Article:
Herb: Iceland Moss
Latin name: Cetraria islandica
Medicinal use of Iceland Moss:Iceland moss has been used since ancient times as a cough remedy and has also been used in European folk medicine as a cancer treatment. In present day herbalism it is highly prized for its strongly antibiotic and demulcent actions, being used especially to soothe the mucous membranes of the chest, to counter catarrh and calm dry and paroxysmal coughs - it is particularly helpful as a treatment for elderly people. Iceland moss has both a demulcent and a bitter tonic effect within the gut - a combination almost unique amongst medicinal herbs. The whole plant is strongly antibiotic, antiemetic, strongly demulcent, galactogogue, nutritive and tonic. It is excellent when used internally in the treatment of chronic pulmonary problems, catarrh, dysentery, chronic digestive disturbances (including irritable bowel syndrome and food poisoning) and advanced tuberculosis. Externally, it is used in the treatment of boils, vaginal discharges and impetigo. The plant can be harvested as required throughout the year, preferably during dry weather, and can also be dried for later use. Use with caution.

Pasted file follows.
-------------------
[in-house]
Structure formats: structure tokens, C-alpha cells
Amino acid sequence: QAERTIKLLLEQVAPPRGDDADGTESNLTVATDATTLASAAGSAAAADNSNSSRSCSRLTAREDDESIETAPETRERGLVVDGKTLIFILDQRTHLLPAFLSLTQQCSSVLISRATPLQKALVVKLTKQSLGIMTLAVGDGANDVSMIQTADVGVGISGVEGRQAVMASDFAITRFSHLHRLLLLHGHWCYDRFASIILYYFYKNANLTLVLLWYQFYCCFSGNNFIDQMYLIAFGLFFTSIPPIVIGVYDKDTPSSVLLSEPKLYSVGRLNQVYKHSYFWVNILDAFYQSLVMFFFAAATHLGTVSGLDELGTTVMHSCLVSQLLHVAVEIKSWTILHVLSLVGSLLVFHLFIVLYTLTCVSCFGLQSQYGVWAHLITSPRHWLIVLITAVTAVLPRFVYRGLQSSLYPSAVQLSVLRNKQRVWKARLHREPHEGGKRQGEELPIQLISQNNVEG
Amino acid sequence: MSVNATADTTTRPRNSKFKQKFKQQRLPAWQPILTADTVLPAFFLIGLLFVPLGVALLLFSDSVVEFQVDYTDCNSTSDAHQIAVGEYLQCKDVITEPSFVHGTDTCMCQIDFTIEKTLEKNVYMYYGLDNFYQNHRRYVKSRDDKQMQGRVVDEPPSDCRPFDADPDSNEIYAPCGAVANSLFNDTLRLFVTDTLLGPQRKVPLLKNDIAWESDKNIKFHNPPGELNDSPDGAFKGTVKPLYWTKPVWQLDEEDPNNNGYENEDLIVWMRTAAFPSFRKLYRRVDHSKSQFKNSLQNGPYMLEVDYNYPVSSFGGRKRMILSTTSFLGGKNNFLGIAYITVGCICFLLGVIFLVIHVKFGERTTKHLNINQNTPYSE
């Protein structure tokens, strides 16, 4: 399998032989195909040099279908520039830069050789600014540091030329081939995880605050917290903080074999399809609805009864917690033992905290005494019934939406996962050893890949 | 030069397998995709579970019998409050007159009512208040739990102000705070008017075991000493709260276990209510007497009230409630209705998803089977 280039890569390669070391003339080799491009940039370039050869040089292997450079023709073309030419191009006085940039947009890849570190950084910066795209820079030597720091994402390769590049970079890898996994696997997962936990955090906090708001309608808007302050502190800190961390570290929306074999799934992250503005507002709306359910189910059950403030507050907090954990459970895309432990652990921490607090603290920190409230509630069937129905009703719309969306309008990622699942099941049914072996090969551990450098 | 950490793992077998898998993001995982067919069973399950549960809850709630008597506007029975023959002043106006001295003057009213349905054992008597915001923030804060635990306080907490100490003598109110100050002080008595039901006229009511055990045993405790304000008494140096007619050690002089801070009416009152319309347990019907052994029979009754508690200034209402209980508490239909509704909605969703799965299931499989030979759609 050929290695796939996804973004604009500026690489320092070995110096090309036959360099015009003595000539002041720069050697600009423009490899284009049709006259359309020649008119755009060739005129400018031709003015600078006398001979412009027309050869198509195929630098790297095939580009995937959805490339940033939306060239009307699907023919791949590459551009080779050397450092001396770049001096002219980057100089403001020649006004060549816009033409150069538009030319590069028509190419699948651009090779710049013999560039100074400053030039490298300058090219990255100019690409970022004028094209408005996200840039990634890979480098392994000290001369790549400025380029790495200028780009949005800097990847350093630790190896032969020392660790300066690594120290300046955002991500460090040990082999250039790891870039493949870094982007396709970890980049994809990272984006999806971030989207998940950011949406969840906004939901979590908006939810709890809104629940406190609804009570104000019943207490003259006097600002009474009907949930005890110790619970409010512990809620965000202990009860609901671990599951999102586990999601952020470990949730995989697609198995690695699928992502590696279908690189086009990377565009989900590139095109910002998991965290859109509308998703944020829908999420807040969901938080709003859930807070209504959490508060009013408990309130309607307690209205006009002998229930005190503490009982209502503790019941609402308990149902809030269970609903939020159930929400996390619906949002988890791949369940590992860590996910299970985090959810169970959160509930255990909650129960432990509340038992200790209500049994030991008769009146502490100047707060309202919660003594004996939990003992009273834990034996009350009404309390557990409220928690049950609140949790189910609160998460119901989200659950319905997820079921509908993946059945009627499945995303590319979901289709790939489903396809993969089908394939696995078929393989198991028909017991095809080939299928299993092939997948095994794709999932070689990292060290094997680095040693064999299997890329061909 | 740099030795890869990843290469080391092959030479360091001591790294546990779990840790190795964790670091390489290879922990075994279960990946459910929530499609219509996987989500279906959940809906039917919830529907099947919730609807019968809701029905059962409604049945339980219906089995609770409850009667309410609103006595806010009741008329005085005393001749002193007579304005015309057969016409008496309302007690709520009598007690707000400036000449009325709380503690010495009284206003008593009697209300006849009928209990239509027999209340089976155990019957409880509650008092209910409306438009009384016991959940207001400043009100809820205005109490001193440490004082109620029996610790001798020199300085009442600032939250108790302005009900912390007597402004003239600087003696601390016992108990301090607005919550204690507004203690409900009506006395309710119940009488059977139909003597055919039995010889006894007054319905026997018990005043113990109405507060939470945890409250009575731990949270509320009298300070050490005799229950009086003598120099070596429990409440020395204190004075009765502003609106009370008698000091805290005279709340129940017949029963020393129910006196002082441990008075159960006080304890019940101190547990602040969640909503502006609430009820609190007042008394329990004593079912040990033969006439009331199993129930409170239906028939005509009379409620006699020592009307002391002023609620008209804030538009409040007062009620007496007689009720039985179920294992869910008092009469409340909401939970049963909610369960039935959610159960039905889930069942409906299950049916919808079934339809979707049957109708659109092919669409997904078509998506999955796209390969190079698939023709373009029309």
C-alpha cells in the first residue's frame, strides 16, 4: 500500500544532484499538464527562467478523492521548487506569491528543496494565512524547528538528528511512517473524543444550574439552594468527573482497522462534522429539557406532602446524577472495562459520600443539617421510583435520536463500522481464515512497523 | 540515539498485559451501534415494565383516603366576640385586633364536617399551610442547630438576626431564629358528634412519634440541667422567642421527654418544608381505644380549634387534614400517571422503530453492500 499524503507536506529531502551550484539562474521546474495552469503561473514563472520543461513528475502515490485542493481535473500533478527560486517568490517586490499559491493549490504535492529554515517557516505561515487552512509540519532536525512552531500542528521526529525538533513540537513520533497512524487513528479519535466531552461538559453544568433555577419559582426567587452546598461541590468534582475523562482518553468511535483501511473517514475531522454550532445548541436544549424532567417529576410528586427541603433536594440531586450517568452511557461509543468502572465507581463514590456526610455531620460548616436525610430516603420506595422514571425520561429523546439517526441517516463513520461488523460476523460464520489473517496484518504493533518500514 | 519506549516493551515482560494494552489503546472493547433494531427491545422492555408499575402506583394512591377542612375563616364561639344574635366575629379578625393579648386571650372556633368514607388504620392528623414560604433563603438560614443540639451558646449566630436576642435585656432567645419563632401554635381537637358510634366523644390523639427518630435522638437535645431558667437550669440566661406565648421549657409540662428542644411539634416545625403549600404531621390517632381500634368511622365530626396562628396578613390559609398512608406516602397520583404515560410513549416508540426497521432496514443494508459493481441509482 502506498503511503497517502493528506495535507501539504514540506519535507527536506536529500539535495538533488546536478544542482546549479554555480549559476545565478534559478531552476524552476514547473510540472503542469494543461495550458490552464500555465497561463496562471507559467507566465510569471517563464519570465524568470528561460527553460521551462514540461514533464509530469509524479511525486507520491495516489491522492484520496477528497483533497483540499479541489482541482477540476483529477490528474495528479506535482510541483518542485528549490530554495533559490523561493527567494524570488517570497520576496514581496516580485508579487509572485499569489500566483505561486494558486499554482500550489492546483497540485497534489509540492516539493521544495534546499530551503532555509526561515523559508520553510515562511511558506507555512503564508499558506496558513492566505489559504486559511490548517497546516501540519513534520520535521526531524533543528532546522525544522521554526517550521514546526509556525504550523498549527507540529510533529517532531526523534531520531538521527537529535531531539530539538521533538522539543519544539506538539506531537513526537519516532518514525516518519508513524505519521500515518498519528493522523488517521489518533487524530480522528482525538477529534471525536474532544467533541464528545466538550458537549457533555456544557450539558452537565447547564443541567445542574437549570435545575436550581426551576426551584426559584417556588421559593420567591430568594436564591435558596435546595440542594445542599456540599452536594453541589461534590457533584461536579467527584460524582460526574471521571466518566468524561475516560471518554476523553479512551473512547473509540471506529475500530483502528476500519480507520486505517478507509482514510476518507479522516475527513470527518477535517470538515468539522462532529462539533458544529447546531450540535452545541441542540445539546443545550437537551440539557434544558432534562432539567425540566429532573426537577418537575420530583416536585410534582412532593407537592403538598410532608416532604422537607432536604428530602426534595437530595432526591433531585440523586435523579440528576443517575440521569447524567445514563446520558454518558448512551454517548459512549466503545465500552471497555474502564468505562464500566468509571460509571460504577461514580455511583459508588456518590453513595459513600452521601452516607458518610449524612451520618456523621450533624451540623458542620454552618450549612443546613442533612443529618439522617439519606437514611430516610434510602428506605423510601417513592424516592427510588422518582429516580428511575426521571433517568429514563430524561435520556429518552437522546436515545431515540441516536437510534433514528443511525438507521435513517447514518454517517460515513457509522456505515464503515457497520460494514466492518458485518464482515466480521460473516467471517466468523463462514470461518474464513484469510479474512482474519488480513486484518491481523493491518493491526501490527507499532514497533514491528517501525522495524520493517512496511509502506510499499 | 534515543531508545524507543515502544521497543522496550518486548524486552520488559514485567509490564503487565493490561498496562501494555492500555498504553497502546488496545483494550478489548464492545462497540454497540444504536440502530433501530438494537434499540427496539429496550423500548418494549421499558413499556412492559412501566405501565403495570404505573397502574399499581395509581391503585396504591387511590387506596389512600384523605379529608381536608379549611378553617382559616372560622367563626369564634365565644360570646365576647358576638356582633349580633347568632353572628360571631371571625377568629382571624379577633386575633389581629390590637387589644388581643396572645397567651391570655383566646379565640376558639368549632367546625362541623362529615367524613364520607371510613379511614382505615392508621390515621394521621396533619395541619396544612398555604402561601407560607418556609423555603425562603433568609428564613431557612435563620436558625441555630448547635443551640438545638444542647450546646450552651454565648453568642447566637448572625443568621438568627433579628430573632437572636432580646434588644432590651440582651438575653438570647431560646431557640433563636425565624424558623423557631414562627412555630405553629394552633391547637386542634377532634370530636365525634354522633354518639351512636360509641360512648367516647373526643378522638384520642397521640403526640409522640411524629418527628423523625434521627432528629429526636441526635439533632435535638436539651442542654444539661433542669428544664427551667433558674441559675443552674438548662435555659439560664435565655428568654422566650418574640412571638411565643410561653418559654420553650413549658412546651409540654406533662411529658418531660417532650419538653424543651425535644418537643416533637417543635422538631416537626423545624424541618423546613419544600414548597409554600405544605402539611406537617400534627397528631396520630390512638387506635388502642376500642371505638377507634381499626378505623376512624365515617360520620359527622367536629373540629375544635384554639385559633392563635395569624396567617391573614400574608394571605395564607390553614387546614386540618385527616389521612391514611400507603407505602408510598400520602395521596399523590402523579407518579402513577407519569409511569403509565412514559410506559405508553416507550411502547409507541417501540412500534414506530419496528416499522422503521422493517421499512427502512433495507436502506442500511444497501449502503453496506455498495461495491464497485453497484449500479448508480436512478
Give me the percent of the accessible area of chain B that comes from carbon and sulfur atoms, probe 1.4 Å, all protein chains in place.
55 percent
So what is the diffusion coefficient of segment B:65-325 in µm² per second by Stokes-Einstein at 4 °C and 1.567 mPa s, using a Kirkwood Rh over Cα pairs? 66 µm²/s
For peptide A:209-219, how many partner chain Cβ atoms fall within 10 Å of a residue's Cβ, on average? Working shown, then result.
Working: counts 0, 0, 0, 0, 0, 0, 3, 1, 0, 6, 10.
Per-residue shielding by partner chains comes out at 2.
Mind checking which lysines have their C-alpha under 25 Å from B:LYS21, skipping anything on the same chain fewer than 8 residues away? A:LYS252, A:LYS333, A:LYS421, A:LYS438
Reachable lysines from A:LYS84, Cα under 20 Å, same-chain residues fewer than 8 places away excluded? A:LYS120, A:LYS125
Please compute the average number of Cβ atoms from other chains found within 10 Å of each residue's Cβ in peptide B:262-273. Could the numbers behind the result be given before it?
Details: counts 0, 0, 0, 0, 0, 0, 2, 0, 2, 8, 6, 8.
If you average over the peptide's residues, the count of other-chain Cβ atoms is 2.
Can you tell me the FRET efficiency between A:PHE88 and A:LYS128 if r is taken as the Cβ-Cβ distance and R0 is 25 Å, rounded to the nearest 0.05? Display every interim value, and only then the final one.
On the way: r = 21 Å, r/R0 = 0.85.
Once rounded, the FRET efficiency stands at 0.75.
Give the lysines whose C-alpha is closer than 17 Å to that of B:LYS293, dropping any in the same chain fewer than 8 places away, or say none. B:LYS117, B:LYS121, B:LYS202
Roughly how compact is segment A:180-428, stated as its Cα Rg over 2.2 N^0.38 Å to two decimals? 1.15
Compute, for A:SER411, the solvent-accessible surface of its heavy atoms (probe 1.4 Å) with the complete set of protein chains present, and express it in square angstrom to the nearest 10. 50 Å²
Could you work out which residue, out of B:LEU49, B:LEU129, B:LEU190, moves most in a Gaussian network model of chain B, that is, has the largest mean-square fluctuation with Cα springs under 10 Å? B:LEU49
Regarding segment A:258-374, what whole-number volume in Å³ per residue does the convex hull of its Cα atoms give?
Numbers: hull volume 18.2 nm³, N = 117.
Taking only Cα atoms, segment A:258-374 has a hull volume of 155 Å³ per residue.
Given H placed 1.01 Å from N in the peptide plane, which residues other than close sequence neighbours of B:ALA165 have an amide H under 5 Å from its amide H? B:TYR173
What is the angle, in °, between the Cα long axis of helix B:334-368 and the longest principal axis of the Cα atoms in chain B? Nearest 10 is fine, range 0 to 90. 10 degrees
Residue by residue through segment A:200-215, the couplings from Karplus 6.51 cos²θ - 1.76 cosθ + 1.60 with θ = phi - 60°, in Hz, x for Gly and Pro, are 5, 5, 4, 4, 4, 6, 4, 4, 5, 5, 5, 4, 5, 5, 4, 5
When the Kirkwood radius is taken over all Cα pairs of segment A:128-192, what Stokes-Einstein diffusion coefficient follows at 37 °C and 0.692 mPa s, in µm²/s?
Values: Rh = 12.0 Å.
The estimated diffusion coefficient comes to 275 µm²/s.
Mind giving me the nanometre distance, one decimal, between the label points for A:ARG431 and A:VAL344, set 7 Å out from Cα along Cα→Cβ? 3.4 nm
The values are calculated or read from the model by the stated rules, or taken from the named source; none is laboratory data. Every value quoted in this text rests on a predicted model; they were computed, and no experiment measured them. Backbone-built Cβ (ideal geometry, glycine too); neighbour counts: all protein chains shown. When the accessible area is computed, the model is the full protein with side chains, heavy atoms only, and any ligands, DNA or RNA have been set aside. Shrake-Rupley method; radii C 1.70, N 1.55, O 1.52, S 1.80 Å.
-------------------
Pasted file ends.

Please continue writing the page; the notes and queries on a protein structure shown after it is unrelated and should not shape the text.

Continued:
Description of the plant:
Habitat of the herb:Damp places, usually on rocks and the bark of trees, especially conifers.
Edible parts of Iceland Moss:A jelly is made by boiling the whole plant. It is nutritious and medicinal. Rather bitter, it requires leaching, which can be done by changing the cooking water once or twice during the cooking process. The dried and powdered plant can be mixed with wheat and used in making bread. It is very bitter and the process required to leach it is far too time-consuming and tedious to be countenanced.
Other uses of the herb:A powerful antibiotic can be obtained from the plant and this has become a fundamental ingredient in a wide range of commercially produced disinfectants. A brown dye is obtained from the plant.
Propagation of Iceland Moss:The only way of reproducing this plant is vegetatively. Almost any part of the plant can be used to produce a new plant, simply separate a portion and place it in its new home.
Cultivation of the herb:Damp places, usually on rocks and the bark of trees, especially conifers.
Known hazards of Cetraria islandica:None known
Plant information taken from the Plants For A Future.